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Tuesday, October 28, 2014


With the good news of no new Ebola virus cases in Dallas and the apparent recovery of the two nurses who were infected, the nation turned its concern to the New York City physician who contracted the disease while working with Doctors Without Borders in Guinea. Here at home:
  •  More than 1,000 physicians and nurses tuned in to ask questions of Ebola experts in a Tele-Town Hall meeting convened by TMA and the Texas Nurses Association (listen to the recording). 
  •  TMA released a video, Why You're Not At All Very Likely to “Catch” Ebola, featuring Robert Haley, MD, director of the Division of Epidemiology in the Internal Medicine Department at The University of Texas Southwestern Medical Center in Dallas.
  • Chip Riggins, MD, the local health authority and executive director for the Williamson County and Cities Health District, testified on behalf of TMA before Gov. Rick Perry’s Texas Task Force on Infectious Disease, Preparedness, and Response. Dr. Riggins called for improvements in communications between practicing physicians and public health agencies; more graduate medical education slots in public health, prevention medicine, and epidemiology; and more attention paid to the needs of private practice physicians during an infectious disease outbreak.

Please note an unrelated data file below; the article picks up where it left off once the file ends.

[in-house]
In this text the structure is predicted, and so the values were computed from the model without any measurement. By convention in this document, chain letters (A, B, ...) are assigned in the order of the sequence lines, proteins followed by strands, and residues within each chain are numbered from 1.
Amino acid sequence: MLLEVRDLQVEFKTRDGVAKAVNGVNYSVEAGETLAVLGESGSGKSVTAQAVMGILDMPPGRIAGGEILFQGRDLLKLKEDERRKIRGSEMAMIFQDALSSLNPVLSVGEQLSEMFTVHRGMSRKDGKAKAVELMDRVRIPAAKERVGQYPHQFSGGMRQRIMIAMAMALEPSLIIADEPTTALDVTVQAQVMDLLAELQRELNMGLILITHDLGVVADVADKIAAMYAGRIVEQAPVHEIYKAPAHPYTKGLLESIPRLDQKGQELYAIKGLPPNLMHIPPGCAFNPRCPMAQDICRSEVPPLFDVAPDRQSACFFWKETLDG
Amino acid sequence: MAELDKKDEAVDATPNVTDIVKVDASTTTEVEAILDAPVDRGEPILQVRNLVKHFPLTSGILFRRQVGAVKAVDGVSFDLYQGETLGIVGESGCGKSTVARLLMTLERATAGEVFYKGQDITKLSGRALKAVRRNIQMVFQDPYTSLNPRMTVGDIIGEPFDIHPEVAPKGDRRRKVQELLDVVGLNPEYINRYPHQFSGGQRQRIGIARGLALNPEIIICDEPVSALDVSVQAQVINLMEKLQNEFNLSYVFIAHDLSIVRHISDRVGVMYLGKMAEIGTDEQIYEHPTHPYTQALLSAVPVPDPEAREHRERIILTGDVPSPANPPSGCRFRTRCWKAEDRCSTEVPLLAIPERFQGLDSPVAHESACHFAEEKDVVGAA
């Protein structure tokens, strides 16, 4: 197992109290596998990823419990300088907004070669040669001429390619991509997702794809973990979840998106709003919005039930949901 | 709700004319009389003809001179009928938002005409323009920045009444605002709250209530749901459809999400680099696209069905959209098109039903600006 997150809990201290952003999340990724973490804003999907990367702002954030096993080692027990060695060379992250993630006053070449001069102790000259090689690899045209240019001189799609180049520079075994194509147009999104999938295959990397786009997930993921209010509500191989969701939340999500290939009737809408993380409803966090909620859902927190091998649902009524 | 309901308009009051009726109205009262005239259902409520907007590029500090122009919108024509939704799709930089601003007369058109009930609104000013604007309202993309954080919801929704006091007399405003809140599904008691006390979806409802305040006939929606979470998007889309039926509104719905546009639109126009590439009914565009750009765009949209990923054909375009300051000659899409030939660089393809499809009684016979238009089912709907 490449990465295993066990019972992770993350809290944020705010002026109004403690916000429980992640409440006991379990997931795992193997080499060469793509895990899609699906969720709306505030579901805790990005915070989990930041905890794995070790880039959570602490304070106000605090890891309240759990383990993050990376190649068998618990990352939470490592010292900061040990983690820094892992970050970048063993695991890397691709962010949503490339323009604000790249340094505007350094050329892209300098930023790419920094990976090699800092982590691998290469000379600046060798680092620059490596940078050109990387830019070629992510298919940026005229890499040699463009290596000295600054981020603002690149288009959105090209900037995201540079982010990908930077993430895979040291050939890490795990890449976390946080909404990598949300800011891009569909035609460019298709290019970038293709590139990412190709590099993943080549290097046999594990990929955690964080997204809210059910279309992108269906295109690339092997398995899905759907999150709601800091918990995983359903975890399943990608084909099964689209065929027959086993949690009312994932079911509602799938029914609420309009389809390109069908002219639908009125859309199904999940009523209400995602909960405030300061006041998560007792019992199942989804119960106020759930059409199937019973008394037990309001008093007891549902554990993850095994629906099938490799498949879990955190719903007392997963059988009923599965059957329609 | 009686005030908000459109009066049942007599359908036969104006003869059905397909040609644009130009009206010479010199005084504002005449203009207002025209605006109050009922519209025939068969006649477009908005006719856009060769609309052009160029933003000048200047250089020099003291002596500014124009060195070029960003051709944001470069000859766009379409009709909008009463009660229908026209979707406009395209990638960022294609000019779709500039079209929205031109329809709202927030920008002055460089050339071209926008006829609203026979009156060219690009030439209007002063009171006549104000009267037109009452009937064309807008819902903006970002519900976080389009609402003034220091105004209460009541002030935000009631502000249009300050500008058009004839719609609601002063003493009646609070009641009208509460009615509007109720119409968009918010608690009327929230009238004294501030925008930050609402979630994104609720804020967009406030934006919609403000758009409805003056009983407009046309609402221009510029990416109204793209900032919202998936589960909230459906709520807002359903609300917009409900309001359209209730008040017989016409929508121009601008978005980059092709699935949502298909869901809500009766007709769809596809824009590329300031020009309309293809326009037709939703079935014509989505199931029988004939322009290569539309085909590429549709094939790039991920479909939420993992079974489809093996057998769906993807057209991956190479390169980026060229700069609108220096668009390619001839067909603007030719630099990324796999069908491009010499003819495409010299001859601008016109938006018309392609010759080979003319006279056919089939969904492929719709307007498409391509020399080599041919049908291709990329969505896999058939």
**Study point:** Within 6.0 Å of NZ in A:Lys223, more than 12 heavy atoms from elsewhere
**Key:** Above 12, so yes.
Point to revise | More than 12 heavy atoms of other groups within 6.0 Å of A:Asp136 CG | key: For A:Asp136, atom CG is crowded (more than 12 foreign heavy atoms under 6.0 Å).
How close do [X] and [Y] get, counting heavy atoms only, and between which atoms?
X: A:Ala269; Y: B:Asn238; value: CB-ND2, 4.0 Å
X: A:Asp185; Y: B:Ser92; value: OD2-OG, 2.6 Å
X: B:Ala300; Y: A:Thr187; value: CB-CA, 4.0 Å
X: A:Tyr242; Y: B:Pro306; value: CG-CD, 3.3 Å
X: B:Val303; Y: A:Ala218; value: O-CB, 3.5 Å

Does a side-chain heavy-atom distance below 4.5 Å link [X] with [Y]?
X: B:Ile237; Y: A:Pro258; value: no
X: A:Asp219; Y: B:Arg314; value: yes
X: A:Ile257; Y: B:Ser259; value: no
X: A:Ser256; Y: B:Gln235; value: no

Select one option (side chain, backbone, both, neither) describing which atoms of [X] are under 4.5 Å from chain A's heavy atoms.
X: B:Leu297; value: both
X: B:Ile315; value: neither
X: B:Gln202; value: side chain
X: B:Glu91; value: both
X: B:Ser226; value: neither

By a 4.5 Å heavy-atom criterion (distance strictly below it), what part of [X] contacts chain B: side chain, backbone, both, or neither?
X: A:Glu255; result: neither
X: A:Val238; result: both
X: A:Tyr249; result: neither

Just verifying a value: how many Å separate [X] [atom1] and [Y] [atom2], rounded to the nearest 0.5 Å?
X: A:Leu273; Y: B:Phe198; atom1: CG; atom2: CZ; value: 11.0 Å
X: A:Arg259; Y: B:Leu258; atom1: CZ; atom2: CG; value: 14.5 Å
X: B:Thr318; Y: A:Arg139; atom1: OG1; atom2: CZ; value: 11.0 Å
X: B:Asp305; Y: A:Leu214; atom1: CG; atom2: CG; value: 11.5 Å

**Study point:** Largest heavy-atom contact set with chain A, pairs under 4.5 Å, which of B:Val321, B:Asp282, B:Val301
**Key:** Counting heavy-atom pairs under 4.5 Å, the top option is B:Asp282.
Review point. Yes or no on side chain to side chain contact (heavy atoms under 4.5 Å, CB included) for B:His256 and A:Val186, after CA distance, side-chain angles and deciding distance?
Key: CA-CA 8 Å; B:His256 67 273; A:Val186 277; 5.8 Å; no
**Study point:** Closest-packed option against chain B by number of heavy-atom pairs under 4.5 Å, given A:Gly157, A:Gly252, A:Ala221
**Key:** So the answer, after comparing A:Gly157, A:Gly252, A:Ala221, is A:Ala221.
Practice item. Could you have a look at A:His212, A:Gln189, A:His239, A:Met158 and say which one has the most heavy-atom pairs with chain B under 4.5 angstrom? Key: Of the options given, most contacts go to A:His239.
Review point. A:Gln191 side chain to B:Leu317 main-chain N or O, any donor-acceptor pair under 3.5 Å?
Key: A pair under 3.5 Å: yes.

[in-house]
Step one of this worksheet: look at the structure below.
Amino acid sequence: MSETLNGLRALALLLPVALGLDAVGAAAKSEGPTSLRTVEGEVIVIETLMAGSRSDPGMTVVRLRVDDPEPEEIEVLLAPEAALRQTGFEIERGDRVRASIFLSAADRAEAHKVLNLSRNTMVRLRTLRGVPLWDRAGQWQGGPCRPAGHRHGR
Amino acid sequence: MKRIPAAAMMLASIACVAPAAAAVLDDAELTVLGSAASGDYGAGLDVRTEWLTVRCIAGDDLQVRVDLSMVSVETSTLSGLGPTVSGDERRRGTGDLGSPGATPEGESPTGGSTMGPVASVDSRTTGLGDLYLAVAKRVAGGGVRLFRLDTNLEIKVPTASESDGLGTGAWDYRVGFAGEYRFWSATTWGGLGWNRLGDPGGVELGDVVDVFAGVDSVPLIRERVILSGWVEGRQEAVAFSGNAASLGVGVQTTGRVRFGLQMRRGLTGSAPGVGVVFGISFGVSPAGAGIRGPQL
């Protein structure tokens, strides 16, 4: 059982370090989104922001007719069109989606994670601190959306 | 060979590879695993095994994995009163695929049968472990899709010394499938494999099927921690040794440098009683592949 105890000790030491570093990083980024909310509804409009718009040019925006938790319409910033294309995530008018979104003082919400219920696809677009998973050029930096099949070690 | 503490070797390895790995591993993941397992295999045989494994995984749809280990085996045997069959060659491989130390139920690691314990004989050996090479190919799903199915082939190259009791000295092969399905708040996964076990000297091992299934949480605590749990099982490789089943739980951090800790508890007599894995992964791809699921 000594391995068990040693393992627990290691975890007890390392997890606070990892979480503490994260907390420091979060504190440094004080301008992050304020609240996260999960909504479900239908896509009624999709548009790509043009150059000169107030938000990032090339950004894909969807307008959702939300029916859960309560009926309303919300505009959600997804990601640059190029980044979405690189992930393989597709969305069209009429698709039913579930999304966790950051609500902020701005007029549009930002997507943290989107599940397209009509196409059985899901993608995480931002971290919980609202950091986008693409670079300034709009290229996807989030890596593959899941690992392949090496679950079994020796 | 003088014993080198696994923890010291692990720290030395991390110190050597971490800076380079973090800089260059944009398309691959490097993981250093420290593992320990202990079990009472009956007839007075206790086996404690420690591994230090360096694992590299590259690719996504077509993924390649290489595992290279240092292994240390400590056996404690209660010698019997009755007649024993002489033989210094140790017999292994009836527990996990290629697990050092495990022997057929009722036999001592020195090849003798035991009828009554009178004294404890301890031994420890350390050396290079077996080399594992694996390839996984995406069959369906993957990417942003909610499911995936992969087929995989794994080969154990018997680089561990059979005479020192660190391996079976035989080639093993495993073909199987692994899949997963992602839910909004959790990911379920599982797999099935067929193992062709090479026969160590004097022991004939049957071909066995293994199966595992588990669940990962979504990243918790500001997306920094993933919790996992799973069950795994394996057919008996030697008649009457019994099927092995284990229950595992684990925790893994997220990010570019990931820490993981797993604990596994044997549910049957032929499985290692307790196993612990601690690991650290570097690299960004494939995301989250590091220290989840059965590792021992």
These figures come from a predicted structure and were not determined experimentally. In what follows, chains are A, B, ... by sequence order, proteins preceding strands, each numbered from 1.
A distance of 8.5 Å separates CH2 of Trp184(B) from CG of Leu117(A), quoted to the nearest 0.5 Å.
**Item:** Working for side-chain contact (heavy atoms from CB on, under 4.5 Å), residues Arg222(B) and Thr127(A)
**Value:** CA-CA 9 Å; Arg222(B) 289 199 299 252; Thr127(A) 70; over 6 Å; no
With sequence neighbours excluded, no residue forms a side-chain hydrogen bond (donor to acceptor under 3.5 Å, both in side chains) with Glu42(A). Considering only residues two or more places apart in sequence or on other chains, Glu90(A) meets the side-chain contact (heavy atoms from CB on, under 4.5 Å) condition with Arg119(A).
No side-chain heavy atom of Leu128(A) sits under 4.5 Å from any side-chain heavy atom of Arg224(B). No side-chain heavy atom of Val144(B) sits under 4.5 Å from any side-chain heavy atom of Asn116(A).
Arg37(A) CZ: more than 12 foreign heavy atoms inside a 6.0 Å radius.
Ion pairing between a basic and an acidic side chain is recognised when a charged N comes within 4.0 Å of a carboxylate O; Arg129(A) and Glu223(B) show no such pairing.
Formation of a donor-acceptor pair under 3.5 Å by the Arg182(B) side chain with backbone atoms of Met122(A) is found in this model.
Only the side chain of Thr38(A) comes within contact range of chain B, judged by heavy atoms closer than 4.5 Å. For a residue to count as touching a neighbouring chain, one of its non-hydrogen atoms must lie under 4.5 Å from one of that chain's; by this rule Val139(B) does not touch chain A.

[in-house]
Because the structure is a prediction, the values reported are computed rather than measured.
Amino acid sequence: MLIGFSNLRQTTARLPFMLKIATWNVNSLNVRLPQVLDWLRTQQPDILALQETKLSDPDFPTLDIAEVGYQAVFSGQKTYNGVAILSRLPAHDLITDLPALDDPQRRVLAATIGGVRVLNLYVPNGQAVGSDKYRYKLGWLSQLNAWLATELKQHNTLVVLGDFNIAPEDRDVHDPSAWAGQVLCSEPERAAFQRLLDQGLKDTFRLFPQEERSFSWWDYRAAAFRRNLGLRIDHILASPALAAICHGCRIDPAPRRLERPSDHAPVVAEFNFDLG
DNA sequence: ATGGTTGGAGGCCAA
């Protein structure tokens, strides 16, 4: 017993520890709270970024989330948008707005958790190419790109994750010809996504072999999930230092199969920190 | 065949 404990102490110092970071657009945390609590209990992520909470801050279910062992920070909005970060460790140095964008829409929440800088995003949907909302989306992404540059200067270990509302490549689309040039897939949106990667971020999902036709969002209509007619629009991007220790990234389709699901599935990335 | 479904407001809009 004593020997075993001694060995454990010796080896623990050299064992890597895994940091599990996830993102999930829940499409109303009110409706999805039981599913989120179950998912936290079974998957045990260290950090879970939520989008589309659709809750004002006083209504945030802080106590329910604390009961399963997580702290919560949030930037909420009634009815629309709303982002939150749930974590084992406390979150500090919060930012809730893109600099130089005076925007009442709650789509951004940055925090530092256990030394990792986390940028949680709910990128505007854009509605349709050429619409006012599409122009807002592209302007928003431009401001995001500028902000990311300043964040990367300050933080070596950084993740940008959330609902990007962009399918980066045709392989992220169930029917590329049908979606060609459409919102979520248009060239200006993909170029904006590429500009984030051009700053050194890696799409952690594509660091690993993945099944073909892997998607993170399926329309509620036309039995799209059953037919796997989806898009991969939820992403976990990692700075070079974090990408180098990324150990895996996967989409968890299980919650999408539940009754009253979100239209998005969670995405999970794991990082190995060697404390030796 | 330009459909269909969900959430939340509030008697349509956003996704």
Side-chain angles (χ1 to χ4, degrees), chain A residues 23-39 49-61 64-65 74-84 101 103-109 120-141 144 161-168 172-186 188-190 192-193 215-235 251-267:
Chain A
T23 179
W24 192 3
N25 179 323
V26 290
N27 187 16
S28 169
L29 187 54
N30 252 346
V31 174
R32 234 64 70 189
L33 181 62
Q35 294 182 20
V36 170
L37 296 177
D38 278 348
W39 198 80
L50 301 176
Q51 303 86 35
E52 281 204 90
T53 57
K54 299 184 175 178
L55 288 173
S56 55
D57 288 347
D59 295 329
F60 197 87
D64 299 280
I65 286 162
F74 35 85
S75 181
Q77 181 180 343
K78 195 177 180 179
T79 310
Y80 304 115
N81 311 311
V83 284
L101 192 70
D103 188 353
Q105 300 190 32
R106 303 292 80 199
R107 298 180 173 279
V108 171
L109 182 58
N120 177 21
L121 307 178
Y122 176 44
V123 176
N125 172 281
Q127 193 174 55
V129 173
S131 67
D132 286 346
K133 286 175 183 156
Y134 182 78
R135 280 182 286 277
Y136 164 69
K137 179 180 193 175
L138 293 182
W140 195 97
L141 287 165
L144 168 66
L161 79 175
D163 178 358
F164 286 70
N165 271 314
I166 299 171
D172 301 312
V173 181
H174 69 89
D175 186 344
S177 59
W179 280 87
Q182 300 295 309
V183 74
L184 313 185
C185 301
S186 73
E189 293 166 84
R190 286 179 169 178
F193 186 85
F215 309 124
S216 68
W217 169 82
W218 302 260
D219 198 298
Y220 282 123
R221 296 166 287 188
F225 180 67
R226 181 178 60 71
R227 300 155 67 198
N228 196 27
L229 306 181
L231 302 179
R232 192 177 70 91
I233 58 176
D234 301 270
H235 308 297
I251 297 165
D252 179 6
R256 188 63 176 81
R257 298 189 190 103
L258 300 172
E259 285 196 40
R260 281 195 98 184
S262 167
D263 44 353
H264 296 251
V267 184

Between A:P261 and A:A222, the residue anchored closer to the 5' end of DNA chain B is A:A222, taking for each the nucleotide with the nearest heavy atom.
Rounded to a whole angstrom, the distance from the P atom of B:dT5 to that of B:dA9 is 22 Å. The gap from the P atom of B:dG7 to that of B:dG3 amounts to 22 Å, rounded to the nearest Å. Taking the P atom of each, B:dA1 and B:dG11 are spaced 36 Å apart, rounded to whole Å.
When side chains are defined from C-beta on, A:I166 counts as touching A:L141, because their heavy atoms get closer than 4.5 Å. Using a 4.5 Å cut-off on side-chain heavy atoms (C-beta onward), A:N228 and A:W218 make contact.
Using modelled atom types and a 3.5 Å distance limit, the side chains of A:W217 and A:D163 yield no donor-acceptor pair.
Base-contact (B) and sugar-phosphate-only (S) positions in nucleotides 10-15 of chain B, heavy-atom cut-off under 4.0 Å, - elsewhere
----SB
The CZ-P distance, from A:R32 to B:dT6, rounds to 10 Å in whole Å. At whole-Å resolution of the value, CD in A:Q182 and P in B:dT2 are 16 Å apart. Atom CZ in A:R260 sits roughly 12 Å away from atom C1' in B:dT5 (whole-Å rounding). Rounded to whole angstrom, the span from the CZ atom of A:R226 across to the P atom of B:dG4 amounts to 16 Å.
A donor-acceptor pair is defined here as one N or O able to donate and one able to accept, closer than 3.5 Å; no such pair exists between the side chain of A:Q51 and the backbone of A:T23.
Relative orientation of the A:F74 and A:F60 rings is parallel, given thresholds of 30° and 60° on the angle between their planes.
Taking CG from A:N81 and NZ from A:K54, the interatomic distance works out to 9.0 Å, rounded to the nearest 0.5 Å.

This is the final week of early voting for the Nov. 4 elections. During early voting, which ends at 7 pm Friday, you may cast a ballot at any election site in your county. Data from last week showed early voting surges in some areas of the state, including Tarrant County, where TEXPAC is backing Libby Willis in a State Senate race against a blatantly antiphysician, antipatient candidate. TEXPAC recommends these outstanding candidates on your ballot. One way to remember to vote is to envision now a detailed plan of exactly where and when you will go to the ballot box. Make sure that plan includes encouraging your family, friends, staff, and patients to vote as well.


TMA President Austin King, MD, is keeping up his exhaustive travel schedule on behalf of Texas medicine. Between last week and this, Dr. King will have made public appearances in Houston, Lubbock, and Fort Worth, as well as numerous private meetings in between. Some highlights: